PC/CDM Joint Venture Awarded $215 Million Design-Build Project
Source: 
PC Construction, CDM Smith

Pump station and clarification facility to pump and treat combined sewer overflows

The PC/CDM Joint Venture, which brings together the industry-leading expertise in water treatment facility design and construction of PC Construction and CDM Smith, has been awarded the approximately $215 million Tunnel Dewatering Pump Station & Enhanced Clarification Facility project for DC Water.

The design-build project will be constructed at the Blue Plains Advanced Wastewater Treatment Plant in Washington, D.C. The tunnel dewatering pump station (TDPS) and the enhanced clarification facility (ECF) are part of the larger DC Clean Rivers Project, mandated under a Federal Consent Decree between the U.S., the District Government and DC Water, to build tunnels to temporarily store combined sewer (sanitary and storm) overflows until they can be pumped to the treatment facility. Currently, rainwater from DC Water’s 725-sq-mile service area can overwhelm the system and treatment facilities with a diluted mix of rainwater and sewage, resulting in potential overflow into the Anacostia and Potomac rivers as well as Rock Creek.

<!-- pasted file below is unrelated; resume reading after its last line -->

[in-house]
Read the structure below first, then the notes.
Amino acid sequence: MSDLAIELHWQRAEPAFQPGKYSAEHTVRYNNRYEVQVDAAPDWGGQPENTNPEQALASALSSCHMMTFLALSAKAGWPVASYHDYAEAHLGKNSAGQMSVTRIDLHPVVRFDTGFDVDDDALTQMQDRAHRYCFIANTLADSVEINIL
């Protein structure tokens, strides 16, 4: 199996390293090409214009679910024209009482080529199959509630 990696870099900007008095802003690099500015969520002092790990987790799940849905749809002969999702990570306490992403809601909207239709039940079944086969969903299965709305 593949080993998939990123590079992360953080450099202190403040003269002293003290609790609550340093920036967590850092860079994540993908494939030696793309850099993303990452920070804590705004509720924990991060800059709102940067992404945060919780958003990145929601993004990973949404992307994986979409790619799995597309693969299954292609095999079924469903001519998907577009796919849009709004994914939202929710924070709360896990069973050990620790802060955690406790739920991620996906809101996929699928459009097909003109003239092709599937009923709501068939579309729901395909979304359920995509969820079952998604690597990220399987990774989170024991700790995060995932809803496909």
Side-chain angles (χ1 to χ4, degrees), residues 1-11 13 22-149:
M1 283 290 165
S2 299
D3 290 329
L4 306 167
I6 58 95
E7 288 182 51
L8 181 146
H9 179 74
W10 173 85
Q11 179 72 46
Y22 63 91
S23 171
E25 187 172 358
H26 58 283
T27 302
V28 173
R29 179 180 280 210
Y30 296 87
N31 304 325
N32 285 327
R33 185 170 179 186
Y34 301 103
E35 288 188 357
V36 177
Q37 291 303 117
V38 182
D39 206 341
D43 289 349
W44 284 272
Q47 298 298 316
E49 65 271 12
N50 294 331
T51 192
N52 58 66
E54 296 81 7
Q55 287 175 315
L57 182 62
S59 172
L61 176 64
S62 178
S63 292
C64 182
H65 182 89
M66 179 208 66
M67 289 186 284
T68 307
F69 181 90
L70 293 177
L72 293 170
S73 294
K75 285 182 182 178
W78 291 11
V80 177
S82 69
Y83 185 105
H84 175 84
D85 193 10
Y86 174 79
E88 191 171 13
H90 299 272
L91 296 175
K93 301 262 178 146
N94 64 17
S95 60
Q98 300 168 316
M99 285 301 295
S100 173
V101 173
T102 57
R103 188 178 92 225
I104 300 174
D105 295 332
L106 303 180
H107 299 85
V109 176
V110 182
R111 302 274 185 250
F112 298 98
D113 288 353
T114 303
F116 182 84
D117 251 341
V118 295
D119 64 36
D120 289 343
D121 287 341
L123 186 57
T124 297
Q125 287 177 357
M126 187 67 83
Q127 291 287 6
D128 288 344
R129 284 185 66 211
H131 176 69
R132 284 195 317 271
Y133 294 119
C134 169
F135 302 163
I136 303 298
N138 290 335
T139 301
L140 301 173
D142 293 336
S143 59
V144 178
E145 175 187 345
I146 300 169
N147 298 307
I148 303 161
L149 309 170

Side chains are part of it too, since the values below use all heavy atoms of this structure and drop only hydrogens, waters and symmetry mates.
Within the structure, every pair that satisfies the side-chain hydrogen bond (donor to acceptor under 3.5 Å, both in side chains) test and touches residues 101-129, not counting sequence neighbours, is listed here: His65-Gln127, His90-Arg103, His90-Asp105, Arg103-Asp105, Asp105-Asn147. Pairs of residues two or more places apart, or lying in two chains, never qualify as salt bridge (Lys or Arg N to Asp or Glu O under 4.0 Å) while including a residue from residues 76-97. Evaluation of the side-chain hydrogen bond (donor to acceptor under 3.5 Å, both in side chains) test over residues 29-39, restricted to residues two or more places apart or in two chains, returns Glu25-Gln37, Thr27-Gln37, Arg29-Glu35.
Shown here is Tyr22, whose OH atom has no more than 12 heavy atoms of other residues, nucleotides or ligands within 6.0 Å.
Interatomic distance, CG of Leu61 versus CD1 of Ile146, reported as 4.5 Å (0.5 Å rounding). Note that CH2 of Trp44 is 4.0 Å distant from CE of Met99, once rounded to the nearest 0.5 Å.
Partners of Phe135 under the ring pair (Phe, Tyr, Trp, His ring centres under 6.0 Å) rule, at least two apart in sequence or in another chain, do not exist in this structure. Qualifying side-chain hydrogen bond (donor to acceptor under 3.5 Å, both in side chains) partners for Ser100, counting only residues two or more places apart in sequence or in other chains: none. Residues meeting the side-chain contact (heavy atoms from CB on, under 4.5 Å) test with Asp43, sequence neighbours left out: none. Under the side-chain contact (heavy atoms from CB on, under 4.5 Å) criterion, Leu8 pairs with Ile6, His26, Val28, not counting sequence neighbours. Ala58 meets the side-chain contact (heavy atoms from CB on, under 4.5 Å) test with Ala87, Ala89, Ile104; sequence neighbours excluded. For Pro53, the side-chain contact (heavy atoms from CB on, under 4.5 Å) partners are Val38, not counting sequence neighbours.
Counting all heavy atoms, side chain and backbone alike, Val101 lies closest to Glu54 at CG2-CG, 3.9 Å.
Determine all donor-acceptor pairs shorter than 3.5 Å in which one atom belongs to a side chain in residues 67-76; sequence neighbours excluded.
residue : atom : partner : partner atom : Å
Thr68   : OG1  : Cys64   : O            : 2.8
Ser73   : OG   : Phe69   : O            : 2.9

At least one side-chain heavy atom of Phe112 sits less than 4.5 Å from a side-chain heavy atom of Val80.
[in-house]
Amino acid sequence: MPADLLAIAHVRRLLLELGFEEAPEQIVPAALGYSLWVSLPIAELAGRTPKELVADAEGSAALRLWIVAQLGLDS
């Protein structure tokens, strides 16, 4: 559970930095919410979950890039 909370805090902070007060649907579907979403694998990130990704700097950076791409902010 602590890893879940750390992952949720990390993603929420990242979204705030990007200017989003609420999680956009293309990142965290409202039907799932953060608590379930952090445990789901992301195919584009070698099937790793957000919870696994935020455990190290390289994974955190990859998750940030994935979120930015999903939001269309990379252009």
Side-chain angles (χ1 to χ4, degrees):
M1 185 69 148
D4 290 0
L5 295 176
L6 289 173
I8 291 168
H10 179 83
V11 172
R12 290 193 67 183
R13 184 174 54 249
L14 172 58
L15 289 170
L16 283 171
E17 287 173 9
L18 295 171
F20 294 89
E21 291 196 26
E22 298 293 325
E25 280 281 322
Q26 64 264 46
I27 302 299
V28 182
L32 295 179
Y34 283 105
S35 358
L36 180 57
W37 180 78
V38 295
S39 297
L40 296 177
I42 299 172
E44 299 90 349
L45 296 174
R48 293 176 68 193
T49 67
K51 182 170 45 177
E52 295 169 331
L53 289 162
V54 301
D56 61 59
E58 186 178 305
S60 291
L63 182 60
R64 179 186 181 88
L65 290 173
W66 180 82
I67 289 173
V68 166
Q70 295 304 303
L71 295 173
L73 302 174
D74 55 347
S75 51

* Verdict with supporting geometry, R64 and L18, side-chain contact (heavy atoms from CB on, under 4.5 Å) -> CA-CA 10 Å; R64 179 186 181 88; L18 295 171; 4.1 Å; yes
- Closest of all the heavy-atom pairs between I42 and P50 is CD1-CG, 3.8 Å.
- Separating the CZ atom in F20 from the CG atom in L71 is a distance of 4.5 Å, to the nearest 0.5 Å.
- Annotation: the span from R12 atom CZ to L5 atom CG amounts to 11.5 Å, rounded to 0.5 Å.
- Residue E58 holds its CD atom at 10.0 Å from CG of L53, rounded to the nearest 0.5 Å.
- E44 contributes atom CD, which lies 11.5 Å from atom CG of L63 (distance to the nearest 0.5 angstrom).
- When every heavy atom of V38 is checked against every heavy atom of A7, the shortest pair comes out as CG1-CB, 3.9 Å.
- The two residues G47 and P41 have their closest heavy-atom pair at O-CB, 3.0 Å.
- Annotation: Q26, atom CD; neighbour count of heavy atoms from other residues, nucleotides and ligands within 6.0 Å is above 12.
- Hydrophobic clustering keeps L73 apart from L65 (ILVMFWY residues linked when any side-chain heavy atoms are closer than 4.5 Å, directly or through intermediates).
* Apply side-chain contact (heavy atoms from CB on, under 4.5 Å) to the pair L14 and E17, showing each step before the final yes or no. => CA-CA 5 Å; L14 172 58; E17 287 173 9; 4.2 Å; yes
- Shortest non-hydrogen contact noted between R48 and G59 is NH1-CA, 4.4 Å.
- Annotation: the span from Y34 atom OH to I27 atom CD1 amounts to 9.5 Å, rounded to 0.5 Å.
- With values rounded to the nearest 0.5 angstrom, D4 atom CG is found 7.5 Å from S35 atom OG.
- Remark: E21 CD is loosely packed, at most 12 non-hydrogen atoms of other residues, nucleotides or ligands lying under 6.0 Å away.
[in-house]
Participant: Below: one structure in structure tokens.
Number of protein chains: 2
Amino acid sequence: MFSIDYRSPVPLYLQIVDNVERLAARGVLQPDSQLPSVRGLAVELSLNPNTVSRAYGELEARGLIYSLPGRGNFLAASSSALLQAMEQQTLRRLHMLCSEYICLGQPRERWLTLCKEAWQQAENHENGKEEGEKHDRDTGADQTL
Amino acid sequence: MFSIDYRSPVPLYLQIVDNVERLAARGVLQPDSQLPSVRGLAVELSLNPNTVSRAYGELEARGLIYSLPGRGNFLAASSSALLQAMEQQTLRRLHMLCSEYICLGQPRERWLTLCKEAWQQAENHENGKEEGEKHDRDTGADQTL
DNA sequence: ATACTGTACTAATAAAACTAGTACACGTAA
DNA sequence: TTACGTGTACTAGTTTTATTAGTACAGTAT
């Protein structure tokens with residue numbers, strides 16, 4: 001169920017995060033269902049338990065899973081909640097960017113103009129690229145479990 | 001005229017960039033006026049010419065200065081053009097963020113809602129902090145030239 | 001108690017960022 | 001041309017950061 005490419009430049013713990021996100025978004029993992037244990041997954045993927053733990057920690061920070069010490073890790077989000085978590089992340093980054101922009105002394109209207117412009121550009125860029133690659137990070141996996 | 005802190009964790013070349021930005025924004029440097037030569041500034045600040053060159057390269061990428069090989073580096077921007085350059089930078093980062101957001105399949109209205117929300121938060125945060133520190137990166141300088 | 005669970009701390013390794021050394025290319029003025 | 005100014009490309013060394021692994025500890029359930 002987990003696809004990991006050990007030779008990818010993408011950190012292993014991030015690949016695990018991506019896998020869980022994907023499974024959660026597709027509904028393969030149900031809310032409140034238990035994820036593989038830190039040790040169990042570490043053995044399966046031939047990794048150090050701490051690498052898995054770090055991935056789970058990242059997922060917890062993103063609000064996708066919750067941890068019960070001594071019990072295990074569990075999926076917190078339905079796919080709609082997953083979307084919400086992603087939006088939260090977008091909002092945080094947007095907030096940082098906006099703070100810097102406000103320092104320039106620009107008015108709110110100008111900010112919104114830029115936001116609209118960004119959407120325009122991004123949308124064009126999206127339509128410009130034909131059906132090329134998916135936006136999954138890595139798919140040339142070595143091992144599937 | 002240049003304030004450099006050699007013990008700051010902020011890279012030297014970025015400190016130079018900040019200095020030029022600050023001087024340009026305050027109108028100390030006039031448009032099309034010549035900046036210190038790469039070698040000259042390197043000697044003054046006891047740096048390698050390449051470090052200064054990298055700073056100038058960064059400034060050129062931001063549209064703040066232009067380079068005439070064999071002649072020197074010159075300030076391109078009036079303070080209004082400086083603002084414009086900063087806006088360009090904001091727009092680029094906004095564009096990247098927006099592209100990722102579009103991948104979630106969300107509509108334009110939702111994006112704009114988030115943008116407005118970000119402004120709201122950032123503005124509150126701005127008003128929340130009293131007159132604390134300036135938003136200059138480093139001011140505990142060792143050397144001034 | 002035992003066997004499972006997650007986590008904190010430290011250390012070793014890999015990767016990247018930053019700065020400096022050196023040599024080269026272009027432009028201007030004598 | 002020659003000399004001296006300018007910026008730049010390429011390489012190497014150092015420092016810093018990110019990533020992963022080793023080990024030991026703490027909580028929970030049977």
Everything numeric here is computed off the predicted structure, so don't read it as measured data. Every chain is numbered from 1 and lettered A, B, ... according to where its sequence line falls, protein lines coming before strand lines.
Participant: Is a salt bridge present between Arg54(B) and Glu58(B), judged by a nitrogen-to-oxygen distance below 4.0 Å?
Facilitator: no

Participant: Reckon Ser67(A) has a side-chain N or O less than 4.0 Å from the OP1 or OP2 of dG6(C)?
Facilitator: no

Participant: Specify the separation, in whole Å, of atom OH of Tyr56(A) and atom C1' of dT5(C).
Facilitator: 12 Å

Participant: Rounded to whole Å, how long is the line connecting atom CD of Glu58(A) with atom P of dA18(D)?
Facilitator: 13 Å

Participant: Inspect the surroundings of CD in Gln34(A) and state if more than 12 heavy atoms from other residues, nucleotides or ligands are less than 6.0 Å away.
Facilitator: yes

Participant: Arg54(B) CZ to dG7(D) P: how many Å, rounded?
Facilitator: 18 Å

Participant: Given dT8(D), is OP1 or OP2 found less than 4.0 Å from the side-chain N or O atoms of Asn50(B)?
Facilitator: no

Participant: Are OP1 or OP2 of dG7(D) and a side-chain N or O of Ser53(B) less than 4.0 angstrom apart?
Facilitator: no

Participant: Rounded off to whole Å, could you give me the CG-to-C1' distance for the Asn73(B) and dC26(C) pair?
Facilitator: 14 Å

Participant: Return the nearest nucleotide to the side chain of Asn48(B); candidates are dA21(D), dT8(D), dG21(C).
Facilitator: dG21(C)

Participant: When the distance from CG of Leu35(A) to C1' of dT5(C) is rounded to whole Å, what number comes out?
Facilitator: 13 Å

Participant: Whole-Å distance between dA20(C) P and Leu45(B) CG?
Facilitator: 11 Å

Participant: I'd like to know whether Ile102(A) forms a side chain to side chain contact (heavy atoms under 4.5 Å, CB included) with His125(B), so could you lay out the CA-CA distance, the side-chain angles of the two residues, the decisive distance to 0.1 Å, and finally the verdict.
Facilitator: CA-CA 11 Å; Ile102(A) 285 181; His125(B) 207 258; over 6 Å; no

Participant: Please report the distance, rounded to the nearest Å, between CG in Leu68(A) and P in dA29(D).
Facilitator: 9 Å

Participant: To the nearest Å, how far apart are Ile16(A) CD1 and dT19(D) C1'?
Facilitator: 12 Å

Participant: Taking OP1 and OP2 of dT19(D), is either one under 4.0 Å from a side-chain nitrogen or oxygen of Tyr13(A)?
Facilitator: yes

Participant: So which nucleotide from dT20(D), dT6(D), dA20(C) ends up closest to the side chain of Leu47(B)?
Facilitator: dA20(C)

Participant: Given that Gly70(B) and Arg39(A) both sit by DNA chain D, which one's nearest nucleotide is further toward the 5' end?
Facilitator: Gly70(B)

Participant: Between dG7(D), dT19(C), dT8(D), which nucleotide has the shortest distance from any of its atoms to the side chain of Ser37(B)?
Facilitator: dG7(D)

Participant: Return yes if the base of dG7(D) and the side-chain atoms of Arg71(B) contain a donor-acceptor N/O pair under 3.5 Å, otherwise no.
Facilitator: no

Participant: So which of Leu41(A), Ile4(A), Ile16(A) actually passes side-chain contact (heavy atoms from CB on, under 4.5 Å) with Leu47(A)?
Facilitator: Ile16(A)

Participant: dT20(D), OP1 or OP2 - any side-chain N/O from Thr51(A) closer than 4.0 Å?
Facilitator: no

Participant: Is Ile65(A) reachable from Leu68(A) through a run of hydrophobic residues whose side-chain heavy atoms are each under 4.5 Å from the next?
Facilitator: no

Major project components include the construction of a 250 million gal per day (MG) TDPS which will pump a diluted mix of rainwater and sewage to the ECF. The new, 250 MGD ECF will utilize a ballasted high-rate clarification process. Treated water will be disinfected before discharge to the Potomac River. The TDPS and ECF will be expandable to 500 MGD in the future.

The design phase of this project will begin in August, with construction following shortly thereafter. The overall tunnel project for DC Water is expected to be completed by March 2018.

Since 2010, PC Construction has worked on four other projects for DC Water with a total estimated value of $375 million.

“The projects that make up the wet weather plan achieve both nitrogen reduction and CSO abatement, improving the health of our waterways and saving hundreds of millions of dollars,” said DC Water General Manager George Hawkins.

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